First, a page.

Cleansing Your New Bones
My Cleansing Method
I use a simple method for cleansing new pieces. I first rinse them with cool water and then set them aside to dry. Once they are dry, I wipe them down with Florida Water, Hoyt’s Cologne, or some other water and set them aside to dry again. Next, I smudge them with incense smoke, and sit them on my altar until I am ready to work with them. While some believe that cleansing is not necessary, I prefer to start my work with new pieces or sets with a clean slate.
I start my cleansing with cool tap water. Of course, you may be led to use something else – spring water, river water, or ocean water for example. If you cleanse your set in running water be careful to do so in such a way that you don’t lose any of the pieces. A net bag with a fine mesh like those used to wash lingerie in the washing machine can work well for this purpose, as can a fine mesh collander. Just be careful not to oversoak them.
Lately I have been using Florida Waters crafted in small batches by spiritual workers. They always smell delightful and are less likely to be heavily alcohol based. Some even come in spray bottles. You may have to strain them if you want to transfer them to a spray bottle as they often contain herbs and flowers.
Of course, you are free to create your own cleansing method whether mundane or spirit guided. There are also those who feel that animal bones need no cleansing because they embody the spirit of the animal. My thoughts on this are a bit different. Many of the bones we acquire, whether found or purchased, come from animals whose passing may not have been peaceful. In my mind cleansing the bone with cool running water, spiritual waters, and spiritual incense is soothing and shows the creature that we care and have respect for it. Other items that you acquire for your set such as charms, stones, etc., can be cleansed in the same way or in some other way as you feel guided to do.
Be careful when cleansing your pieces – some items, such as preserved animal parts like alligator and other animal claws, may not respond well to being soaked. Adjust your cleansing method accordingly. Some items may not be able to take liquids at all. Many spiritual waters contain alcohol, which is a solvent that may damage preserved animal parts. You may find that the pieces you gather will require several different types of cleansing modalities, so be prepared.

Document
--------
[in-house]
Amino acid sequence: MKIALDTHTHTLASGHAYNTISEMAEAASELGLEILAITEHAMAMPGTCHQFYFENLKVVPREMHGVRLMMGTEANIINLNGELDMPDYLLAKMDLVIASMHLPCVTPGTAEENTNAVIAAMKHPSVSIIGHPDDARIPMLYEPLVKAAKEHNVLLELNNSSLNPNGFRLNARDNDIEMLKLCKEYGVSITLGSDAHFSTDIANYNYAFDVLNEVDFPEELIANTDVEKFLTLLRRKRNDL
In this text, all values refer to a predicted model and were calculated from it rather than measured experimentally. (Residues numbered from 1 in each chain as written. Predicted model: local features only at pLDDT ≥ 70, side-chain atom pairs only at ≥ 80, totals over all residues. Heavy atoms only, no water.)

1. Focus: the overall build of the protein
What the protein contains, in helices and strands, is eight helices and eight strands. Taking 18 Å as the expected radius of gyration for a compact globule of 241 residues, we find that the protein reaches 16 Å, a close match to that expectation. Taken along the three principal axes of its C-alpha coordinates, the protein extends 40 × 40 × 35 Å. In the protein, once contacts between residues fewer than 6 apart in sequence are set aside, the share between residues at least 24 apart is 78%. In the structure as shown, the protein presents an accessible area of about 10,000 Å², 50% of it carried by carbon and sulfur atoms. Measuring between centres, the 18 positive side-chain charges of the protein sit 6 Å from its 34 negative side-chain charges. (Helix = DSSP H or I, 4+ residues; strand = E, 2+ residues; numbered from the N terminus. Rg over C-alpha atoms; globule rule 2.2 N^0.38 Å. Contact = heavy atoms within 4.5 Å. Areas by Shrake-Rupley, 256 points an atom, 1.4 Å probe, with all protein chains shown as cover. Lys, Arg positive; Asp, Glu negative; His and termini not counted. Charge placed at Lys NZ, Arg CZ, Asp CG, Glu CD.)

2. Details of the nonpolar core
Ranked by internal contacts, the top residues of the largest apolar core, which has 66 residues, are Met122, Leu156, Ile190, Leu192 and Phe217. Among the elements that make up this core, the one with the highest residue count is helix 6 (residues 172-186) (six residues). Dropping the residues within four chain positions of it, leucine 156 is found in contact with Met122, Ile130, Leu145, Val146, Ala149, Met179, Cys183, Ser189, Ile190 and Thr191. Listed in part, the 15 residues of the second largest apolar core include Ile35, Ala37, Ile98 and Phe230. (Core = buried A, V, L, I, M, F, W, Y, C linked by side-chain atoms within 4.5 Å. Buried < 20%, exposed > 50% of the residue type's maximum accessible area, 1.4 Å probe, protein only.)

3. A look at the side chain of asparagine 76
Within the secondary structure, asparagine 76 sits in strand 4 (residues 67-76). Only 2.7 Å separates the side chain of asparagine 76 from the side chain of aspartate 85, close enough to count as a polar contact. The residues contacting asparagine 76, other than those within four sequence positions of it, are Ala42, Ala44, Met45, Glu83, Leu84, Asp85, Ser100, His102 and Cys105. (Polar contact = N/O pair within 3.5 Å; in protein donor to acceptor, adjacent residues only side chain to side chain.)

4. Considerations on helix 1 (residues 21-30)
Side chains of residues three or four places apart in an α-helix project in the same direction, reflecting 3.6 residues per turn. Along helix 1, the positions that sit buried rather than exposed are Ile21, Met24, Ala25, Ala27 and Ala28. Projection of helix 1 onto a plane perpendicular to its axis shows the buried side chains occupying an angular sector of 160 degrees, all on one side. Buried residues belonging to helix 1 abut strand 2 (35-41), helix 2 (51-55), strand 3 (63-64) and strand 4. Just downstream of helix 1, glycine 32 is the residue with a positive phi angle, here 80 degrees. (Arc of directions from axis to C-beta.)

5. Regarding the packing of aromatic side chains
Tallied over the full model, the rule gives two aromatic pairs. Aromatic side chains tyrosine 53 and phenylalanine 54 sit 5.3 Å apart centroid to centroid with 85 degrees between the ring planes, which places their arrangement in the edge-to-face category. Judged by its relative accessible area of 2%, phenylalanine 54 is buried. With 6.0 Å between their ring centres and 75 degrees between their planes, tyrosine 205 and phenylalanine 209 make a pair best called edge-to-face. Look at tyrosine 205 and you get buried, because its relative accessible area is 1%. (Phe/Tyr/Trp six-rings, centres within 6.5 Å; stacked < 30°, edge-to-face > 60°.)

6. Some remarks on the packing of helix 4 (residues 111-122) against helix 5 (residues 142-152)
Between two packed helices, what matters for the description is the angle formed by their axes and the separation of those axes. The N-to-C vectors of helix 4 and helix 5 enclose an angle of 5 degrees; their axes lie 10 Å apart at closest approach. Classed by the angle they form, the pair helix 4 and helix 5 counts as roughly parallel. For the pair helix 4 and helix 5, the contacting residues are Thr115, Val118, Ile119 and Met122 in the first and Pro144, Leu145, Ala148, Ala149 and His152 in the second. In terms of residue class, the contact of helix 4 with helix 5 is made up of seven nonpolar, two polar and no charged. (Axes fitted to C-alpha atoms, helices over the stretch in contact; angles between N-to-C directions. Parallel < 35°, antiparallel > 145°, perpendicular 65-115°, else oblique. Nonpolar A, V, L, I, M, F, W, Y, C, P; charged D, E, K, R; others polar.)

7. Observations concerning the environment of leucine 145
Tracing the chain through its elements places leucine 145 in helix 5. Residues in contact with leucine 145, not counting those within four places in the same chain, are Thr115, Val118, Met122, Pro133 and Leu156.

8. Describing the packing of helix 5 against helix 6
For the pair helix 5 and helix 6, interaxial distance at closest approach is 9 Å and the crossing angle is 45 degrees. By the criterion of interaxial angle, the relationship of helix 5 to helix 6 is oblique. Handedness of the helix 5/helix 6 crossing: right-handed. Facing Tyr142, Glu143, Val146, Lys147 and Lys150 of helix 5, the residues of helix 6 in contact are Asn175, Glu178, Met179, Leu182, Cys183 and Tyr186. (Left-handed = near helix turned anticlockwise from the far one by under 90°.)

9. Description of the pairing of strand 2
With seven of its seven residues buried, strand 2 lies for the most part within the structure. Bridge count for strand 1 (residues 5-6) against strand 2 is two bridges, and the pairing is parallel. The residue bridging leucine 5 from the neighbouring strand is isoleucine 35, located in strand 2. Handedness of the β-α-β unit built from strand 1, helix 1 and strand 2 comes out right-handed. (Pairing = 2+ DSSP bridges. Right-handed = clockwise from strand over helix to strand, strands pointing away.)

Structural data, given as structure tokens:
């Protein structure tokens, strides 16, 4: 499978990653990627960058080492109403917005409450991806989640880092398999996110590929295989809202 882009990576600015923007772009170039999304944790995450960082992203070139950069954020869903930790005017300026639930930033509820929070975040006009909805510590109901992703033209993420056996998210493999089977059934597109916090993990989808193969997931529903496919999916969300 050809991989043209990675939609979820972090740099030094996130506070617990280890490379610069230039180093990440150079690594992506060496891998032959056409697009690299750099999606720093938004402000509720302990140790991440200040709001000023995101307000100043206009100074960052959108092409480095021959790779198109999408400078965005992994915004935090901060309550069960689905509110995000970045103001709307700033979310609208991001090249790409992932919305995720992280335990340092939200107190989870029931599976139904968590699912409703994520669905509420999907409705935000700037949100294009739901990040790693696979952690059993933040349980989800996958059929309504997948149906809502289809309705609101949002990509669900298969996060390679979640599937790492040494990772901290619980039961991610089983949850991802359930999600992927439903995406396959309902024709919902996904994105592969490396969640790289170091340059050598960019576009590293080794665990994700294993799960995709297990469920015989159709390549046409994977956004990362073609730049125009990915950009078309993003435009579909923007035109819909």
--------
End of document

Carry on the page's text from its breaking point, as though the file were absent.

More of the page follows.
You can use whatever spiritual incense you have on hand, or you can devise one specifically for this purpose. Here are a few ideas to get you started:
Frankincense, myrrh, and copal are resin incenses that have been used for spiritual purposes alone or in combination for centuries. They can also be mixed with other herbs to purpose.
Dragon’s blood resin can used as a cleansing incense alone, or with other herbs.
Cinnamon and sandalwood are barks that have also been used for cleansing and purification purposes.
Eucalyptus is one of my favorite cleansing herbs. It grows all over my current home state of California and can be had for the effort of picking it up from the ground or harvesting it from a tree. If you get your eucalyptus from a tree, make sure you ask the tree’s permission and leave a small offering of a few coins or a small amount of biodegradable material like corn meal or honey. Let it dry thoroughly before use.
Lemongrass, pine, and rosemary are readily available and are all useful additions to a cleansing incense.
Angelica, rue and hyssop are also well-known cleansing and purifying herbs.
I like to start with a resin base and then add small amounts of herbs suitable to the purpose on hand. Some herbs do not smell as pleasant burning as they do in their original or dried state, so start with small amounts to prevent their odors from overpowering the scent of your smoke. It is easy to add more of an herb to your batch of incense. But taking it out is difficult.
I have also used store-bought powdered self-lighting incenses and added resins or herbs to them. Be careful not to add too much in the way of extra ingredients as you don’t want to lose the incense’s self-lighting qualities.
You may also clean your bones after that initial cleansing. There is no set time, or number of readings that determines when this should be done. It is mostly a feeling. A well-used and beloved set that you are intimately familiar with may start to give confusing readings that do not make sense. That could be your set, or your spirits letting you know it needs to be cleansed. You can do a cleansing like the original cleansing you gave each piece or modify it in some way. When I do a major cleansing, I use this time to review the pieces in my set, and I review the meanings with my ancestors as well.
You may also want to expose your set to various energies from nature – light from the sun or moon, or the energy of a thunderstorm. You may want to bury them in the earth for a period. Just be careful to do so in such a way that they cannot be damaged by the elements or carried away by animals.
If you are of a creative temperament, you might want to design a ritual around the cleansing process which you can write down and refer to for future cleansings.
Should your spiritual practice have specific methods for cleansing spiritual tools, by all means use them. But if you don’t have a prescribed method, spend some time with your pieces and give some thought to what type, if any, cleansing they require. Ask your ancestors and any spirits or deities that you work with how best to cleanse them. Ask the pieces themselves what would be best. Write down your thoughts and ideas and then design a method that works for you.
If you are so inclined, please feel free to share your methods or ideas in the comments.
Source links for scented waters pictured above:
Tabaco – The site I purchased this from is no longer active (Guinscreations.com), but you should be able to find it elsewhere.